To augment an earlier blog post that describes how to use EWS in a SharePoint webpart without needing ApplicationImpersonation, here I will go through the steps needed to do this from a standard web application. The scenario is that a web application (hosted on a standalone application server) needs to access a user's mailbox using EWS. The web application is set to use impersonation and Windows authentication, so that the user will not be prompted for credentials. I have written a sample application to demonstrate this, which simply performs autodiscover on a mailbox (and can be found attached to the blog).
- Create a new web application (for the purposes of this guide, I will refer to this as EWSTest, which is what I named my web application). The web application will run in its own application pool, also called EWSTest.
- Select EWSTest under Sites in IIS Manager, choose Authentication and open feature. Ensure that ASP.Net Impersonation and Windows Authentication are Enabled. All other options should be disabled.
- Select EWSTest under Application Pools in IIS Manager. Select Basic Settings..., then change the Managed pipeline mode to Classic. I also changed the .NET Framework version to 4 (this depends upon your application).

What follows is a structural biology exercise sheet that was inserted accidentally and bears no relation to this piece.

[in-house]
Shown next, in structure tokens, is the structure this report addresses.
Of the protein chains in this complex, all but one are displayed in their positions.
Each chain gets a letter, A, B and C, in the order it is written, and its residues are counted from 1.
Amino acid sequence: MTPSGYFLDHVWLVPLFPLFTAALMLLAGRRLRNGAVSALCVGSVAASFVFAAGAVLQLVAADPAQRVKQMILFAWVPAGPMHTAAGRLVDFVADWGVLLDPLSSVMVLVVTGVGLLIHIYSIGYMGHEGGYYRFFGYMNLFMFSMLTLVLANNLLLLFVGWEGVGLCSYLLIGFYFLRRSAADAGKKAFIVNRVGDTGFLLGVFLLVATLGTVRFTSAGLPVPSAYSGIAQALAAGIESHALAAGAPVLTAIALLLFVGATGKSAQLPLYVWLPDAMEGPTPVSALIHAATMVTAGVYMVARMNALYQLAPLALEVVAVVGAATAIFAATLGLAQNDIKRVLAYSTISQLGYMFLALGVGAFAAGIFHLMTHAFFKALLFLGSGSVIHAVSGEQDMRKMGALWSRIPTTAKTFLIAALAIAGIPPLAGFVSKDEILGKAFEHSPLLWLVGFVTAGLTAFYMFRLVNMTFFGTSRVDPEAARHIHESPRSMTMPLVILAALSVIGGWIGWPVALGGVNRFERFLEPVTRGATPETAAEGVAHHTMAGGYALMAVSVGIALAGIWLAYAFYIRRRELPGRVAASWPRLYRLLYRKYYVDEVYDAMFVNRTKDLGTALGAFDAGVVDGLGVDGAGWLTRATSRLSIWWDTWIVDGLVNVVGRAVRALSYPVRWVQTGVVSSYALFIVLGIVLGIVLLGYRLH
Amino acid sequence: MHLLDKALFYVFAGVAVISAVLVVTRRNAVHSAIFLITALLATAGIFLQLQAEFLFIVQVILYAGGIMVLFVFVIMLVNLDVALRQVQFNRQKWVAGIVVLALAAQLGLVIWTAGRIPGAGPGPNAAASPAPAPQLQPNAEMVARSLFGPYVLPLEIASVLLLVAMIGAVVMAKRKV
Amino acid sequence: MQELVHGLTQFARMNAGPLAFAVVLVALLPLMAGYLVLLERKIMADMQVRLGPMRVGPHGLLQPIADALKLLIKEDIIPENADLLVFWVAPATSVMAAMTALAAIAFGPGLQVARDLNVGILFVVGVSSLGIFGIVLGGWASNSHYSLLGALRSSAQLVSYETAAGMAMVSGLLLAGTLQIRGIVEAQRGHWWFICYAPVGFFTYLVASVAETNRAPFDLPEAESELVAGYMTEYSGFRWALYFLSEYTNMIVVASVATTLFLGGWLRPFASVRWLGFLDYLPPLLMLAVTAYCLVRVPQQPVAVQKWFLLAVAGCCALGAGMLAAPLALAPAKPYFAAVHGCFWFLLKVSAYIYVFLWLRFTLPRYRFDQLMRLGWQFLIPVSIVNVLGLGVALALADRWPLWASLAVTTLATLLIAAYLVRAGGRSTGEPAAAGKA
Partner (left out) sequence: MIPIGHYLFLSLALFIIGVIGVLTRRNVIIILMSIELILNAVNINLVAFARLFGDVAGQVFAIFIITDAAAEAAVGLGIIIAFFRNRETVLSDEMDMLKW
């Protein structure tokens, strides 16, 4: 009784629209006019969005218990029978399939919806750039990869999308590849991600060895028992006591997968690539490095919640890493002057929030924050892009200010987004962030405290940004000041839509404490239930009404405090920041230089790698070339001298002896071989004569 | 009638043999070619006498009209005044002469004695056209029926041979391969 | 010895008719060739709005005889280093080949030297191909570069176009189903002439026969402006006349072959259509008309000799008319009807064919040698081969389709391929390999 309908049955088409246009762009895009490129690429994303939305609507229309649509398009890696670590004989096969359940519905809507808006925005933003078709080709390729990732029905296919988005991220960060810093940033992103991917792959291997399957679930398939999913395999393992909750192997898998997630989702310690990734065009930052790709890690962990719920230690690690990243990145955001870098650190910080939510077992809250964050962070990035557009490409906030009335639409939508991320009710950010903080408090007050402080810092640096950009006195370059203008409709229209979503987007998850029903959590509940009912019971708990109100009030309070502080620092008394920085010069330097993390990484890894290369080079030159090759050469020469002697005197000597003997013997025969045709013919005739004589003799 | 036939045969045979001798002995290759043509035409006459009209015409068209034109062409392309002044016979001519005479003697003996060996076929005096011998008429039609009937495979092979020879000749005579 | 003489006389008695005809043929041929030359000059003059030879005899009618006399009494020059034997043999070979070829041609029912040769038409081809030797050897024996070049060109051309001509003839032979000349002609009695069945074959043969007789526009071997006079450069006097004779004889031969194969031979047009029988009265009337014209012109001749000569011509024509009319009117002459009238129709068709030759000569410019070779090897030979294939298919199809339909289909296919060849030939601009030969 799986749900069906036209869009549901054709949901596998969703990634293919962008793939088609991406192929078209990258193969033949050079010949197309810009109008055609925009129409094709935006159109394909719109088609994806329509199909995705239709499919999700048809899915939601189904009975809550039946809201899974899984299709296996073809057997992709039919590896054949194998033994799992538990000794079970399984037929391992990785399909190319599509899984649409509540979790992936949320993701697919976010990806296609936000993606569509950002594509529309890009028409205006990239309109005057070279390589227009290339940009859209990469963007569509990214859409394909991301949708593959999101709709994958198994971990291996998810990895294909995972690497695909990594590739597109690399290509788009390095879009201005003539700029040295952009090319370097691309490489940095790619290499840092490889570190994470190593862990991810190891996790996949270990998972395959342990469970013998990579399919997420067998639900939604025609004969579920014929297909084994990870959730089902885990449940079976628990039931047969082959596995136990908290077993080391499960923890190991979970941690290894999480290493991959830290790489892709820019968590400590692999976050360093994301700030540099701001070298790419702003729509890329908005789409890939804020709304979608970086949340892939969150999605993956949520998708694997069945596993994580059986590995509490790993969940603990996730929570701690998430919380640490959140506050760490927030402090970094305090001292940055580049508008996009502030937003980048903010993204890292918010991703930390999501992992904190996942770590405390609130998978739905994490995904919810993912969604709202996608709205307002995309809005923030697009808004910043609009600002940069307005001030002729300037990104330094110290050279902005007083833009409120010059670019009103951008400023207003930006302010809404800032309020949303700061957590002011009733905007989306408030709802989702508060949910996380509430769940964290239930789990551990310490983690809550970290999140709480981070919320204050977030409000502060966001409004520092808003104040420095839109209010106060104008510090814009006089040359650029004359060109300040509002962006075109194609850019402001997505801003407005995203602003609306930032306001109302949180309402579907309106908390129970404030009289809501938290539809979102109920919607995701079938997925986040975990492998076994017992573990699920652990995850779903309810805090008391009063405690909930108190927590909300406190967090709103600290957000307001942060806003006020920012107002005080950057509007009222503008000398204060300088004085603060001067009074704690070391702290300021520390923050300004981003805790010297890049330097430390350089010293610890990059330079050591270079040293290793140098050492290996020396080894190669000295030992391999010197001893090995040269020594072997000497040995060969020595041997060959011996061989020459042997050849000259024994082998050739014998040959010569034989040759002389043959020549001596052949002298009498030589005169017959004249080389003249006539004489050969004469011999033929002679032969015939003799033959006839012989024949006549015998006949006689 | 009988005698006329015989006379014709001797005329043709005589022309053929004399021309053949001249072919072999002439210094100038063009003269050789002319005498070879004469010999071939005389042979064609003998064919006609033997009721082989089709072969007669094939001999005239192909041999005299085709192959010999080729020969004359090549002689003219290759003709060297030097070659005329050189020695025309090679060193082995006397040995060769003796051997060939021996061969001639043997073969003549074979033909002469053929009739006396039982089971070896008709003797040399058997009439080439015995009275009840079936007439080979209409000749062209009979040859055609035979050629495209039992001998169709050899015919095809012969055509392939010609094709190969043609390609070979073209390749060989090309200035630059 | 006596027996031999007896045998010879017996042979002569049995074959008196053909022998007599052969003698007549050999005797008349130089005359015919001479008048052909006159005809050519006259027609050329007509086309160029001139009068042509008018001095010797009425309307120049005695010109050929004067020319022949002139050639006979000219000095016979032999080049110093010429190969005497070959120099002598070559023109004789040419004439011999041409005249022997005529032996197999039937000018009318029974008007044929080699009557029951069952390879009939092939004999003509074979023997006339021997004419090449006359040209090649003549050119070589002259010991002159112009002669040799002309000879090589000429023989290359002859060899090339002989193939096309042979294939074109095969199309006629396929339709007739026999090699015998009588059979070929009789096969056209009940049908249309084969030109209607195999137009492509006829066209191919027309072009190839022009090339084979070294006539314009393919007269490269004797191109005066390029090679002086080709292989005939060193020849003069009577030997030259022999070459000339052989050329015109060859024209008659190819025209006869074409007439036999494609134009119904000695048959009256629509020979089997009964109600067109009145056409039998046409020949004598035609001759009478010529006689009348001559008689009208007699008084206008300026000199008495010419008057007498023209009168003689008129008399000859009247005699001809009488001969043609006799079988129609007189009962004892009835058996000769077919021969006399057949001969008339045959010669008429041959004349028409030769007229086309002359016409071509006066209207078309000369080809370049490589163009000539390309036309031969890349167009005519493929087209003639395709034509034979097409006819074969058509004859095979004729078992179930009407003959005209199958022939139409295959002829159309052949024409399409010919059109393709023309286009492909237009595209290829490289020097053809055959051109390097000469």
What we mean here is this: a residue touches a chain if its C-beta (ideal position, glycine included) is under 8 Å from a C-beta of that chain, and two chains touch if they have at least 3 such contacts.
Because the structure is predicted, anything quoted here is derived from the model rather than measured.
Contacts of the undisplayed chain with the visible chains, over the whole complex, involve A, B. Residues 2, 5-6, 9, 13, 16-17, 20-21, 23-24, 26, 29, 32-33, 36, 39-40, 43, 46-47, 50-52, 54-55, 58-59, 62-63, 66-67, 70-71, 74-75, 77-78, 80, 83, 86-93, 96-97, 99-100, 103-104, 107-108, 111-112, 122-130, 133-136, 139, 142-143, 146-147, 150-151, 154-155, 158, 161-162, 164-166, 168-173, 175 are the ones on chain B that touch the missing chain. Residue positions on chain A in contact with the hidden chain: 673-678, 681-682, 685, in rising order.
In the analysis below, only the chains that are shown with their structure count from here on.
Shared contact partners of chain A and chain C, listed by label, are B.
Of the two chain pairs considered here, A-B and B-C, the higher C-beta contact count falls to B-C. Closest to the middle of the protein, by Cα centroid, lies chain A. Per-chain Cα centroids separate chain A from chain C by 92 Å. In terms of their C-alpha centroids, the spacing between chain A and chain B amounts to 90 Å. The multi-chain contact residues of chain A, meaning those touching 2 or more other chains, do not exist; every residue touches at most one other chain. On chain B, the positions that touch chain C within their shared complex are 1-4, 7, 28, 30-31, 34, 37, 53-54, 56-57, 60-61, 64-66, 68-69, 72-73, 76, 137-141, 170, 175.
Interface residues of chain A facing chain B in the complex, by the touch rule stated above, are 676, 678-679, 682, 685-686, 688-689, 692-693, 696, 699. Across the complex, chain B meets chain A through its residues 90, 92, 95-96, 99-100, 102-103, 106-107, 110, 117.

- In the web.config file of the web application, set windows authentication and impersonation (under system.web): <authentication mode="Windows" /><identity impersonate="true" />
- Create an SPN for each CAS in your Exchange environment for http on port 443. For each CAS, you should set one SPN for the full DNS name, and one for the NetBIOS name (i.e. just machine name). In my test environment, I have two CAS, one for Exchange 2007 and one for Exchange 2010. The commands I needed to run were:
setspn -s http/ex2k10cas1.hybrid.local:443 ex2k10cas1
setspn -s http/ex2k7cas1.hybrid.local:443 ex2k7cas1
setspn -s http/ex2k10cas1:443 ex2k10cas1
setspn -s http/ex2k7cas1:443 ex2k7cas1
- From Active Directory Users and Computers, open the properties of the computer object for the application server. On the Delegation tab, select Trust this computer for delegation to any service (Kerberos only). If you need tighter security, you can limit delegation to specific services instead (as defined in step 5).
Once the above process is complete, delegation should work between the application server and EWS (depending upon the size of the AD environment, there may be some replication delay). I needed to log-off and then log-on again on my test client for the process to start working correctly.
The test application attached allows you to test autodiscover, both using impersonation or specified credentials. It should work in both cases (so long as the authenticating account has permission to the account being autodiscovered).